Couchsurfing is not about saving money, that’s not the essence of it at all, it’s about meeting like-minded people; it’s about sharing stories and learning cultures; it’s about paying it forward and it’s about making new friends.

couch surfing in estonia

I couchsurfed in Estonia and what a great decision it turned out to be. I had spoken via email with my host in advance (lets call him Tim because I don’t want him inundated with a thousand requests after this!), told him how I was getting the boat from Finland to Estonia, told him I wasn’t sure about how long I was staying, and he had been nothing but understanding.

 

Anyways, after I stupidly bought an Estonian-Finland boat ticket instead of a Finland-Estonia ticket, I told Tim I would be a couple of hours later than planned. When I finally landed in Estonia there he was, picking me up from the port in his car, and driving us back to his place. I set myself up on the sofa bed in his apartment right in the Old Town in Tallinn, it was perfect.

 

We went out for a beer and dinner in a great local restaurant, the food was delicious and the local beer was great. We had a great evening, chatting about traveling, the countries we liked most, future travel plans etc thoroughly enjoyable. After Tim disappeared I suggested paying… but the bill had already been taken care of by my ridiculously generous host.

 

The next day I had to apply for my Belarus visa, and the embassy was a bit out of town so I was trying to work out how to get there. “Don’t worry johnny, my client works around there, I can drive you, what time do you need to be there?”. I tried to resist but he was insistent so off we went and he dropped me right at the door. Unbelievable!

 

I continued to fight with travel admin that day but we met around 5pm again where we went for dinner at another cool local restaurant. Once again the food was amazing, and the conversation was great; however, this time I was planning to pay to say thanks for everything but alas when I went to the bar to pay, I was charged only for the extra mayonaaise I ordered, Tim had taken care of it again! Damn, next time I’ll be quick!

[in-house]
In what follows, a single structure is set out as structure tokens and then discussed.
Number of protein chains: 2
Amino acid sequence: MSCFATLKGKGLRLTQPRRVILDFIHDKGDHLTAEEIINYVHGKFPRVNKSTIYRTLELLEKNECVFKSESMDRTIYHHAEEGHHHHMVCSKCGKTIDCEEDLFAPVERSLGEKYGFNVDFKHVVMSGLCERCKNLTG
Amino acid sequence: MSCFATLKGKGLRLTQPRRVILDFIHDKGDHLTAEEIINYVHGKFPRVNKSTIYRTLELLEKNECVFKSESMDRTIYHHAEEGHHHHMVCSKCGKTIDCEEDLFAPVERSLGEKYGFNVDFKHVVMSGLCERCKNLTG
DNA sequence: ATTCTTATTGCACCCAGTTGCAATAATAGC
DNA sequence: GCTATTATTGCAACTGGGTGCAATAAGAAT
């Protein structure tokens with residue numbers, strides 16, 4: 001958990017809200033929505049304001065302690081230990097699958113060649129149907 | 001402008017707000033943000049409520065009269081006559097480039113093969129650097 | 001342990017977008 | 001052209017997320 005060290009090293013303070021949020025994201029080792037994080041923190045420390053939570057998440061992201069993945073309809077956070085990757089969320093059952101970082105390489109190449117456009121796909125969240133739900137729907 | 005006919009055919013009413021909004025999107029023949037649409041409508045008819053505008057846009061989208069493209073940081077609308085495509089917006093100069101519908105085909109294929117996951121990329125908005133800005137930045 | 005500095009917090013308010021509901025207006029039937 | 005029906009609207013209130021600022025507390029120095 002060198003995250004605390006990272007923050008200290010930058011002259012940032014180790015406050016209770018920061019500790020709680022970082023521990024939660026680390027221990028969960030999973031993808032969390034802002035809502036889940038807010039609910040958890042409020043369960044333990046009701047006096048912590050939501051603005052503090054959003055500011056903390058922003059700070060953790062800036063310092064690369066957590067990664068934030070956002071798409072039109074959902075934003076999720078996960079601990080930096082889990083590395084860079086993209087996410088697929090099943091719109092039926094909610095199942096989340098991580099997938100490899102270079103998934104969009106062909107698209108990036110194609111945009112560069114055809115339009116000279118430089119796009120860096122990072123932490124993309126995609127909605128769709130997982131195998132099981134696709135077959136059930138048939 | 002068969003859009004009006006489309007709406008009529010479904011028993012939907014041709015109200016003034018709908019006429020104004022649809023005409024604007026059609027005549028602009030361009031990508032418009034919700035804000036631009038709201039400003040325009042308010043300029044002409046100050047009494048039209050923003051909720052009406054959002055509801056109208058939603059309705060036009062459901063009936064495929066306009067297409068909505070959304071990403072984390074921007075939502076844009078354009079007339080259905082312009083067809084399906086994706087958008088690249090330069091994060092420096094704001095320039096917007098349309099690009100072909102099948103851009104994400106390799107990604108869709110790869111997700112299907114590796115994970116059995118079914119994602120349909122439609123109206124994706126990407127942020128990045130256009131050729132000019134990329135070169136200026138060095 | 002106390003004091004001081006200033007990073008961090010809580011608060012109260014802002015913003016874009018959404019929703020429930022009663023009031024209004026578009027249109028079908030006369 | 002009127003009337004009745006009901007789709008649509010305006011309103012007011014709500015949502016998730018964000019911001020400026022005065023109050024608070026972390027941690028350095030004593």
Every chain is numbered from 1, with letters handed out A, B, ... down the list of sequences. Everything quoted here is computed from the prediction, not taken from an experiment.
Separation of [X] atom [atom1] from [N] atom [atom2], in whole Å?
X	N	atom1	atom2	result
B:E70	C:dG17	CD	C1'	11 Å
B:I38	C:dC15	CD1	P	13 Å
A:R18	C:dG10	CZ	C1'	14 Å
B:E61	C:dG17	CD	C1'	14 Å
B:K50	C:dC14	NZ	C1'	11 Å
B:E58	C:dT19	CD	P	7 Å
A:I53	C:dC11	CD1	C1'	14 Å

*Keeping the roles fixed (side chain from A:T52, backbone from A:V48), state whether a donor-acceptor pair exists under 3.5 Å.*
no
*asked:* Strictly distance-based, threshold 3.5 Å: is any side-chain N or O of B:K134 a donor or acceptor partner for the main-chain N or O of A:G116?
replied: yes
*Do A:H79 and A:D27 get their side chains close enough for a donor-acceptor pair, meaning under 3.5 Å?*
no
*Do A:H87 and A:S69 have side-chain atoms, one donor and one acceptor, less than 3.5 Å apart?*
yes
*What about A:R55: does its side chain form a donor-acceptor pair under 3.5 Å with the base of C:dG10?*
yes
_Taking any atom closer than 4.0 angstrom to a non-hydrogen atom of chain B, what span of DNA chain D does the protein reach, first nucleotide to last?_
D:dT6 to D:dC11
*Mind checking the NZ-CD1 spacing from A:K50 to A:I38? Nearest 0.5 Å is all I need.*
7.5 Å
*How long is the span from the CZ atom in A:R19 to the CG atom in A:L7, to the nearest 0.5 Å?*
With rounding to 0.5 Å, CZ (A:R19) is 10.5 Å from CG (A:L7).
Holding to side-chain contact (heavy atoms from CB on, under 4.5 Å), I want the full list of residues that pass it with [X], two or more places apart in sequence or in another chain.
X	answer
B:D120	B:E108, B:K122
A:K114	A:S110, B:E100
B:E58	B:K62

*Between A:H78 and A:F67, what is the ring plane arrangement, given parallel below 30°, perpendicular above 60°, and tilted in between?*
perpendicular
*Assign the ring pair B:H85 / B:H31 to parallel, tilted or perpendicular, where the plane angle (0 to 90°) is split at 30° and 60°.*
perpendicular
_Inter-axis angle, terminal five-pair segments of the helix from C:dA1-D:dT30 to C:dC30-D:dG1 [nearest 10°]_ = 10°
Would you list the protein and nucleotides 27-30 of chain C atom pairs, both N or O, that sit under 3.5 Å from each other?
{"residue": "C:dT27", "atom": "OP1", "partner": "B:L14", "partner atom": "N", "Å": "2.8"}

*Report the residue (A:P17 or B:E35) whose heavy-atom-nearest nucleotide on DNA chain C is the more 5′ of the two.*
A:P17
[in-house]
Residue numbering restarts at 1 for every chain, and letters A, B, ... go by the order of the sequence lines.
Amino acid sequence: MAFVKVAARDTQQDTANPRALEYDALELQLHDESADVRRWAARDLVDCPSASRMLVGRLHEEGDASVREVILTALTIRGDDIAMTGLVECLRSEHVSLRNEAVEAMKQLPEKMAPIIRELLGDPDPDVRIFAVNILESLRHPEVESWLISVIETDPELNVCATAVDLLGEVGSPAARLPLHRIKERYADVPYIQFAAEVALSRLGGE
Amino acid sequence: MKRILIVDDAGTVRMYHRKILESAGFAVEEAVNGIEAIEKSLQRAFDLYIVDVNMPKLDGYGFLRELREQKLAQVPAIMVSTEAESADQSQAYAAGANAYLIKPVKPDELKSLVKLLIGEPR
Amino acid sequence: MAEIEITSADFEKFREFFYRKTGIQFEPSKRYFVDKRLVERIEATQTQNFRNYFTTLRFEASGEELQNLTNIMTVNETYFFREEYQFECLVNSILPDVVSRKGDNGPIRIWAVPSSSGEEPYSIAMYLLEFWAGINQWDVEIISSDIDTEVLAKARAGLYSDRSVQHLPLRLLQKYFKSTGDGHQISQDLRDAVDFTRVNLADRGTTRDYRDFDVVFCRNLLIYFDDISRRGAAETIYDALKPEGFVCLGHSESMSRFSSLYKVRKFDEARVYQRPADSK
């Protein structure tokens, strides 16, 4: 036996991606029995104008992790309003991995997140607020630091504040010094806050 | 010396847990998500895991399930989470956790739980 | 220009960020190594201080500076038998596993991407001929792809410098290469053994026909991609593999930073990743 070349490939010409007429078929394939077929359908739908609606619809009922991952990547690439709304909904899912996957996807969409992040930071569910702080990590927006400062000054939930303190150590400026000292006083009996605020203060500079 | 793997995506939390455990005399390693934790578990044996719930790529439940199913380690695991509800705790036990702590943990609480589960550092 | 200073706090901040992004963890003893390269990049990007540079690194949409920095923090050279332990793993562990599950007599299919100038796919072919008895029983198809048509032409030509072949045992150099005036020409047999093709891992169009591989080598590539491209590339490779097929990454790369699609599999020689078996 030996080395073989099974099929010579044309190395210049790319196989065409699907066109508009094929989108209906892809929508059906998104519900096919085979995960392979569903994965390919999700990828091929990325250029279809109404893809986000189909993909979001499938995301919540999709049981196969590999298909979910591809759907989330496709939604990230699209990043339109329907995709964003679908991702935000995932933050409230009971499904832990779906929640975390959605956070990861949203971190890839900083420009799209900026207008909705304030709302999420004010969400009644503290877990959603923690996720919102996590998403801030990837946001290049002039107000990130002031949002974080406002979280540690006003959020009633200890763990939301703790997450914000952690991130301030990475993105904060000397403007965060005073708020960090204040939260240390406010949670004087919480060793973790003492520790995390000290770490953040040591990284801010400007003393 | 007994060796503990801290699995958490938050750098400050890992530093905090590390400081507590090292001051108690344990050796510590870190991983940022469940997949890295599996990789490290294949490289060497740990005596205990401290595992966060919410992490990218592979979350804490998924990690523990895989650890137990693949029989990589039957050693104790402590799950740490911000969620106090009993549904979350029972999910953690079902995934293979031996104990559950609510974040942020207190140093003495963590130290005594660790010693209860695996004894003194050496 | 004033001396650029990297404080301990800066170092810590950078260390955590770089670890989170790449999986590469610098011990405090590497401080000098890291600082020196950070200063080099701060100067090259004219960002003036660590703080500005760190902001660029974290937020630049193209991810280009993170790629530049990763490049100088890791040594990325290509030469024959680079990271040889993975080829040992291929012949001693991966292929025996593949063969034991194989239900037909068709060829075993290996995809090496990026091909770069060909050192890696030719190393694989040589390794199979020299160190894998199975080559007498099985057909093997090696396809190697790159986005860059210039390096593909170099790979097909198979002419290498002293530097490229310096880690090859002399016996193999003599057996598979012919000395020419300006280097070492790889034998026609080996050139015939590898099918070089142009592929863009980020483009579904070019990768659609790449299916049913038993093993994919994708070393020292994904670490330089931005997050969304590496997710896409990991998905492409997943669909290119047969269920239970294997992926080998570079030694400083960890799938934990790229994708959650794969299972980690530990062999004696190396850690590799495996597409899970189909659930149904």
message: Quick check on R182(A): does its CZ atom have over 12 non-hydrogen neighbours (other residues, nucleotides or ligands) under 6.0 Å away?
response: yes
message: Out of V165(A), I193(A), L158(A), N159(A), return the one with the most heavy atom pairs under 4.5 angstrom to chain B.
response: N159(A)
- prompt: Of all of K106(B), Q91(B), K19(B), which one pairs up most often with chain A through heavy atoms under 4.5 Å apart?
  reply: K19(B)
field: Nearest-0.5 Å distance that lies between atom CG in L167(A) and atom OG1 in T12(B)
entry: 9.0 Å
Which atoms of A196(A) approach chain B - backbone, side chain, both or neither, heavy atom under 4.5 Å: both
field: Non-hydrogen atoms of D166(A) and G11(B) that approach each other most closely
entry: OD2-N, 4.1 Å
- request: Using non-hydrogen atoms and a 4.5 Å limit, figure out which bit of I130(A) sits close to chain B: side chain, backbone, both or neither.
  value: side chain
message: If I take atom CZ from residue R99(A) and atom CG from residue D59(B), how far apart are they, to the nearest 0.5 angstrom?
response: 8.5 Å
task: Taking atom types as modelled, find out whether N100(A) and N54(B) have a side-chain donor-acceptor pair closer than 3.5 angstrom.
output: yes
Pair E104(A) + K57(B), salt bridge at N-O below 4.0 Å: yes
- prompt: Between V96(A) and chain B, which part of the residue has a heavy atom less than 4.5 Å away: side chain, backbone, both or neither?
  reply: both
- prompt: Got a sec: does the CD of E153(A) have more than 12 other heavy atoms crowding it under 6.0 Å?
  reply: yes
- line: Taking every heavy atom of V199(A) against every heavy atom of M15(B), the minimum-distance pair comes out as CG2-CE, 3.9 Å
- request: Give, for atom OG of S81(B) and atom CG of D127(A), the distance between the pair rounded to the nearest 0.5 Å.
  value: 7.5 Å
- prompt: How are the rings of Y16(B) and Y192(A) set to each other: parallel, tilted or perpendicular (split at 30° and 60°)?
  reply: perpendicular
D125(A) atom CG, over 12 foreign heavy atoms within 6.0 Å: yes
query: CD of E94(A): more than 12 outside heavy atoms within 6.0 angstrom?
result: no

WE WOKE UP IN ESTONIA!? - First Tim...
WE WOKE UP IN ESTONIA!? - First Time in Tallinn

 

The best band in Estonia were playing a private concert to only 100 guests that night as a farewell before they toured Europe and become internationally famous. There was a gathering at Tim’s house where 15 of us were drinking wine and chatting, a cool group of cosmopolitan people – art dealers, tantric yoga instructors, tour guides. When the few tickets had been released, Tim had know I was going to be curfing with him so he had picked me up a ticket.

 

Off we went to the concert, where finally I managed to pay for a few beers for us. The concert was loads of fun in the back of a lowkey bar. I reckon the band really have a chance, think snow patrol meets coldplay.

 

The next day was my last day, so I did some things in the city, met a ‘fan’ of my site and then from around 3pm we planned to do some sightseeing too. Off we went to the park, bought some beers, walked around. Then into the old city, where I checked out the themede restaurant Old Hanse, we met some of Tim’s friends at their place, great people. Drank some red wine and made our way to the 24th floor of the Raddison hotel.

 

This is a bit of backpacking secret, not in any guide books. Drinks on the terrace on the roof, overlooking the Old Town of Tallinn, watching sunset. A great last evening.

sunset in tallinn

The next morning, almost predictably by this point, Tim drove me to the bus station, took me right up to the correct platform and set me on my way to Riga.

 

It’s often the people that make  the journey just as much as the sites you see. There’s no way I’d have gone to an Estonia rock concert, or been drinking on the roof of a skyscraper had I  not couchsurfed with my new pal, so thanks for everything mate!

 

Hope this convinces you guys to couchsurf too, it offers so many cool experiences that otherwise you’d never see. Getting drunk in a hostel with Americans and Brits may be fun sometimes, but it’s with the local people where the real traveling happens.

 

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